Greater demand for electronics recycling and disposal overall

From discarded TVs and mobile phones to cameras and kitchen appliances, electronic waste is the fastest growing waste stream on the planet. By 2030, e waste is expected to generate over 74 million metric tons of waste

With an ever-increasing reliance on and demand for electronics and an excess of e waste, the market for e waste recycling and disposal will continue to explode in 2023. The global e waste market is expected to expand over 14 percent over the next few years to a projected 140 billion by 2028. Europe leads the pack with a share of about 30% of the ITAD market, followed by China and North America. 

Mining old electronics to power new technology

In 2023, bolstered by governmental initiatives and public support for ethically sourced metals, we will likely see even more companies step up efforts to extract precious metals from e waste to power new devices. Unbeknownst to many, e waste from electronic devices such as computers, phones and modems may contain gold, copper, silver and palladium that can be reused in new electronics (or other products). 

China and the EU have made great strides to support a circular economy for their e waste, including efficiently extracting precious metals from old electronics that could reduce dependency on traditional mining. In September 2022, the U.S. joined in the efforts by passing a bill to support electric vehicle battery recycling. We can only speculate that political support will continue to expand for companies considering sustainable e mining as a source for metals.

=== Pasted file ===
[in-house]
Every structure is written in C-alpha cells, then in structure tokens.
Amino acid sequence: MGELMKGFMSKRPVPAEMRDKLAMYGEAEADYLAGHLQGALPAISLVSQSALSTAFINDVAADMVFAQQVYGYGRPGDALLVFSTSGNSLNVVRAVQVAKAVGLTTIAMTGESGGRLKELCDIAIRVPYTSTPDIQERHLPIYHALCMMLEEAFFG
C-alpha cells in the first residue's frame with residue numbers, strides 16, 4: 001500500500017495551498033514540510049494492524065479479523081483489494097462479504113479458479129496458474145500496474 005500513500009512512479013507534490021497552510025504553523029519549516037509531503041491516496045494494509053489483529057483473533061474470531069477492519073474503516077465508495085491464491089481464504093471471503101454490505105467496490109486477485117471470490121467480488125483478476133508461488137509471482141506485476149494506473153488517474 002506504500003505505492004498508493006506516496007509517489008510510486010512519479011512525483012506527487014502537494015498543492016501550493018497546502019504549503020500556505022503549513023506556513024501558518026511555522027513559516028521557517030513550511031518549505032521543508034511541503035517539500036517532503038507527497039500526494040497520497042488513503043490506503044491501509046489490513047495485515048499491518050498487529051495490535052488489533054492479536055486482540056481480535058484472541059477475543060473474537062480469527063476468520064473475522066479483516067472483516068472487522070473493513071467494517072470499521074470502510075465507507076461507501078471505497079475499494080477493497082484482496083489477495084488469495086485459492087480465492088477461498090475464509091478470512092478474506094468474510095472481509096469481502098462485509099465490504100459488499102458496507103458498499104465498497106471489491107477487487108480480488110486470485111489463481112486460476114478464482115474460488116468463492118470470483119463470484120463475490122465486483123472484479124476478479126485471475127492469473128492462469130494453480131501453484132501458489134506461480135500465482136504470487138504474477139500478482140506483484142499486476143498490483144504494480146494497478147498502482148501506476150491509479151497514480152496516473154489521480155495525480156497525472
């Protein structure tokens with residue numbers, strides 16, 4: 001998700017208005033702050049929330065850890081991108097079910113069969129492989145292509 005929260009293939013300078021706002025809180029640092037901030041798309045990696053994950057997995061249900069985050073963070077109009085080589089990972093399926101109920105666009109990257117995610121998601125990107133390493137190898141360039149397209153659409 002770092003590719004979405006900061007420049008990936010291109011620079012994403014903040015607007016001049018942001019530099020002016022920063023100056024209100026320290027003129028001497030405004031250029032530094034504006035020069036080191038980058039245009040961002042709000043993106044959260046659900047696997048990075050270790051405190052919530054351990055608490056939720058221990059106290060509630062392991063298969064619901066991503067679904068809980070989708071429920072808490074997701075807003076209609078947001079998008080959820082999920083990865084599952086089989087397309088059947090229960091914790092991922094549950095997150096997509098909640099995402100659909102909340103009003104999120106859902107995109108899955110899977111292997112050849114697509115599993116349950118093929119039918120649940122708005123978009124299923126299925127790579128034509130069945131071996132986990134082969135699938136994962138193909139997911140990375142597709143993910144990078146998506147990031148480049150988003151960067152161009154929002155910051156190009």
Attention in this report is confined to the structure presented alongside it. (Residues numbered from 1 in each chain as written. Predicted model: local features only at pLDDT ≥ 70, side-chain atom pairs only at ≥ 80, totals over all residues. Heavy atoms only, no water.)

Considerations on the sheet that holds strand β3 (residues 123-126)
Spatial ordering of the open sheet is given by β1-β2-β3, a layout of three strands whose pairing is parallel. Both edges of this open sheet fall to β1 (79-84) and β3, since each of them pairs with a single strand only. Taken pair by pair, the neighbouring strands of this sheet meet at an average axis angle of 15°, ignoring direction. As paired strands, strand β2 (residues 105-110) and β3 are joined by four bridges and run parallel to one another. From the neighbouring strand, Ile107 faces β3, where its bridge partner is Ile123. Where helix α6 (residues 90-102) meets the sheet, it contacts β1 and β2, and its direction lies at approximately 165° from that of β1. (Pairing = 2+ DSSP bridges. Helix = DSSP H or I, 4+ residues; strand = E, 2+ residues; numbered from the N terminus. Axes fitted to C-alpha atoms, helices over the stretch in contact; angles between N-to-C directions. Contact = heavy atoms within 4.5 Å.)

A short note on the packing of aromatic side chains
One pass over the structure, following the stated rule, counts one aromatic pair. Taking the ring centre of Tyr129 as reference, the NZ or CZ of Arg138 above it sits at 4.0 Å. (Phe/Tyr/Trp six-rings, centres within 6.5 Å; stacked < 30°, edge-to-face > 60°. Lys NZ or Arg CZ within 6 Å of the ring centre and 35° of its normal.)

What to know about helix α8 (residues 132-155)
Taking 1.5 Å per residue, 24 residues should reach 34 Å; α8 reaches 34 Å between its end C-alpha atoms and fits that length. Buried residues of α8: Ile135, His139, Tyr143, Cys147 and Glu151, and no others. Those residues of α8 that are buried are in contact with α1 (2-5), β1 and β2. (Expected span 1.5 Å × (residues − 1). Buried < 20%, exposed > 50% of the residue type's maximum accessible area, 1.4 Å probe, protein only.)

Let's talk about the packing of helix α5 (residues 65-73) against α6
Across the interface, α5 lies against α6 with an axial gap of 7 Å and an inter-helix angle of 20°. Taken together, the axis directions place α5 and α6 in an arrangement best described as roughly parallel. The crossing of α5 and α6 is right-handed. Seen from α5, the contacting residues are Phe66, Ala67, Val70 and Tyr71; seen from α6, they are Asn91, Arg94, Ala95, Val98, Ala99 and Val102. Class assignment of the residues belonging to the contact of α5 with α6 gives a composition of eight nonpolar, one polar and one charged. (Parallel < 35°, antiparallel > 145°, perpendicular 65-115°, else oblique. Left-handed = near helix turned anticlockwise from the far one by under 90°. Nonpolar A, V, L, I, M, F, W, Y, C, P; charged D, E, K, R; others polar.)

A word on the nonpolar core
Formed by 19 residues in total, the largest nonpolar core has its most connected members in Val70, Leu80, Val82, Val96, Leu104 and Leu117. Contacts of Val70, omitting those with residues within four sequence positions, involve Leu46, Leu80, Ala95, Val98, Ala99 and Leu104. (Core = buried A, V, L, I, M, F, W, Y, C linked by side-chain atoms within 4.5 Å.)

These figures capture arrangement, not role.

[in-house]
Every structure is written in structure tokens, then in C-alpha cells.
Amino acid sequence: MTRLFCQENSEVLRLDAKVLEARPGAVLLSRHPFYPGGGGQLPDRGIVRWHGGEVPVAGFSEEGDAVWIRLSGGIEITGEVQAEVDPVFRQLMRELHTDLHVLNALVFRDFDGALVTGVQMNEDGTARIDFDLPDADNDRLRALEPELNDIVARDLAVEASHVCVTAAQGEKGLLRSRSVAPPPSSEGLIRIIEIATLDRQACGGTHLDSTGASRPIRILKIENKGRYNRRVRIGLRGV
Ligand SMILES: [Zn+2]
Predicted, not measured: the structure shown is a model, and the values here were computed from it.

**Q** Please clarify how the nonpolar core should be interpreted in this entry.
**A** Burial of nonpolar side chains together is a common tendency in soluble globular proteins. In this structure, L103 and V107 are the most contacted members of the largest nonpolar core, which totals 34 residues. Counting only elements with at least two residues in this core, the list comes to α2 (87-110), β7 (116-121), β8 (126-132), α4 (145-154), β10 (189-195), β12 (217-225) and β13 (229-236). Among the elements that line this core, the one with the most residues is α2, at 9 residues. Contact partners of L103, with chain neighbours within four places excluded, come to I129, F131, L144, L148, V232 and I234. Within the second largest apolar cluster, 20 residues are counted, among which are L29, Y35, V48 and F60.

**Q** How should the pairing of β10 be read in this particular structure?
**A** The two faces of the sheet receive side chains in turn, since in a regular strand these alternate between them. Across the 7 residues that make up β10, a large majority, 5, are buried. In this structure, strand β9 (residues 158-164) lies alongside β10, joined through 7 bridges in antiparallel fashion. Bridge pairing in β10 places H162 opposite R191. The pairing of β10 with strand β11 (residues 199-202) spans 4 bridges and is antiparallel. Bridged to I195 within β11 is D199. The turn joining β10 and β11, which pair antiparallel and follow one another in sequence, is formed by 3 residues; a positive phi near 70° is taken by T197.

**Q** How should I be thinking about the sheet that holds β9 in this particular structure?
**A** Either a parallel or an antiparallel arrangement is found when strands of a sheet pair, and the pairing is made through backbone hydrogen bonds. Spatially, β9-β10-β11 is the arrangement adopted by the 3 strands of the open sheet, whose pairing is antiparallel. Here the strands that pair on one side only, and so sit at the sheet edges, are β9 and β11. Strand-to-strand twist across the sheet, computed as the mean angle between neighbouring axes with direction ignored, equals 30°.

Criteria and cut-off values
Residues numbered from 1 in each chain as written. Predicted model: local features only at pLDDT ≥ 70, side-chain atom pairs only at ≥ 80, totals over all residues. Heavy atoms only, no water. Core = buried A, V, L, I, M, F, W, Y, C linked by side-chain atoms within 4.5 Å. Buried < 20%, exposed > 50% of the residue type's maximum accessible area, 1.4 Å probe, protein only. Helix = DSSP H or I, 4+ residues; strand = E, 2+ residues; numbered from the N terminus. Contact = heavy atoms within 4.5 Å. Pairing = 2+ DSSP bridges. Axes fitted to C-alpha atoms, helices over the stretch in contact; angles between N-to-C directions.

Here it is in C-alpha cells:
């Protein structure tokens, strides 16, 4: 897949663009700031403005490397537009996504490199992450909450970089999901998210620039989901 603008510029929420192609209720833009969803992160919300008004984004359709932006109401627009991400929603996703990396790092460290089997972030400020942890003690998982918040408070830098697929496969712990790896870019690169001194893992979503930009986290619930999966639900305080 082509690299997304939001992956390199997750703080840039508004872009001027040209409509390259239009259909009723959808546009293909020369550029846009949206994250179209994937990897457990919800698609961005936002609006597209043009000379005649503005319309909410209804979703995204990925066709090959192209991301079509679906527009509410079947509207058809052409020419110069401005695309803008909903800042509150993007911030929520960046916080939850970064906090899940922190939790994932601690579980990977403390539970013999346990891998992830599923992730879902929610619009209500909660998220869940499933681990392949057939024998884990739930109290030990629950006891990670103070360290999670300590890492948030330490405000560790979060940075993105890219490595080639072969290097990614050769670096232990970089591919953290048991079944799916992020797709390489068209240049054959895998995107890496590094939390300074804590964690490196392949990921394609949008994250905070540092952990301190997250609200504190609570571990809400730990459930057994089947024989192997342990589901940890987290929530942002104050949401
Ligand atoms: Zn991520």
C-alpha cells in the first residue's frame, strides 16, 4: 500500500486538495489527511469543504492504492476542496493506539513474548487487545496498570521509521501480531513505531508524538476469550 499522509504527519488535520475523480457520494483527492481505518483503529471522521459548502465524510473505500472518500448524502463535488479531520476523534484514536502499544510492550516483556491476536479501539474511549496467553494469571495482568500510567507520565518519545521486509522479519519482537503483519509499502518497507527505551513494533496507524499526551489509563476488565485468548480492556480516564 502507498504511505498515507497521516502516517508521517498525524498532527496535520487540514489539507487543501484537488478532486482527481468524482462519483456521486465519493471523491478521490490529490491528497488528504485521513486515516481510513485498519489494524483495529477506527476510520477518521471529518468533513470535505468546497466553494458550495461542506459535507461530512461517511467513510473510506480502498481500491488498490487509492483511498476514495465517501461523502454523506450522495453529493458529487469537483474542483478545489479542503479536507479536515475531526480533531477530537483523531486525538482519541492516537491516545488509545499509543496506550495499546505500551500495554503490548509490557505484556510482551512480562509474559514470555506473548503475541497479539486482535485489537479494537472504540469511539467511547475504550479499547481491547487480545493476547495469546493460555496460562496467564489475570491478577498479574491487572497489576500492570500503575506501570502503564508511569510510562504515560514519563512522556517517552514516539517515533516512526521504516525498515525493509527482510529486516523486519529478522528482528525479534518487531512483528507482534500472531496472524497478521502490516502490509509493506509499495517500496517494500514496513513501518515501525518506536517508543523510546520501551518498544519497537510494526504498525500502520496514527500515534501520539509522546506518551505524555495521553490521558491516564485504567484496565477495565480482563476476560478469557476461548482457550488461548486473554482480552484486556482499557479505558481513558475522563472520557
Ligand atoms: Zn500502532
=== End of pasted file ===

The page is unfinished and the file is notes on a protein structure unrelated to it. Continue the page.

Reimagining a more sustainable consumer pipeline

The past year saw increasing inflation, greater costs to ship and produce, and an energy crisis to boot. In response to these global economic changes, many savvy business leaders are thinking critically about how to use the supply chain process itself to combat rising prices and save costs. 

In the near future, companies will be taking an even closer look at sustainable ways to improve efficiencies and recover value through both the forward supply chain (producing new materials and distributing to customers) and the reverse supply chain (collecting used products from consumers and reprocessing them). Electronics recycling will be an important aspect of supporting and streamlining the reverse supply chain component for retailers.

Refurbished electronics gaining popularity

Sales of refurbished electronics grew leaps and bounds during the pandemic after the world faced an electronics shortage, supply chain issues and greater demand for home electronics. This recycling trend continues to be a solid one, with an increase in online marketplaces and market share for certified used electronics. As electronics refurbishment processes have improved, so has public trust in purchasing used electronic equipment. 

Additionally, the right to repair movement gained big momentum in 2022 with Apple and Microsoft providing replacement parts and repair manuals to enable independent repair of devices. This move, made by two of the largest electronic retailers, will make it that much easier for electronics experts to refurbish and repair broken electronics, and save a significant amount of e waste from going straight to the landfill. 

With the increasing need to create a circular supply chain and recover costs—while also safeguarding against data recovery—it will be more important in 2023 than ever to partner with a certified electronics recycler well versed in the latest trends and data destruction techniques. Contact Global Electronic Recycling to learn more about how we can partner with you in the new year for your electronics recycling needs.  

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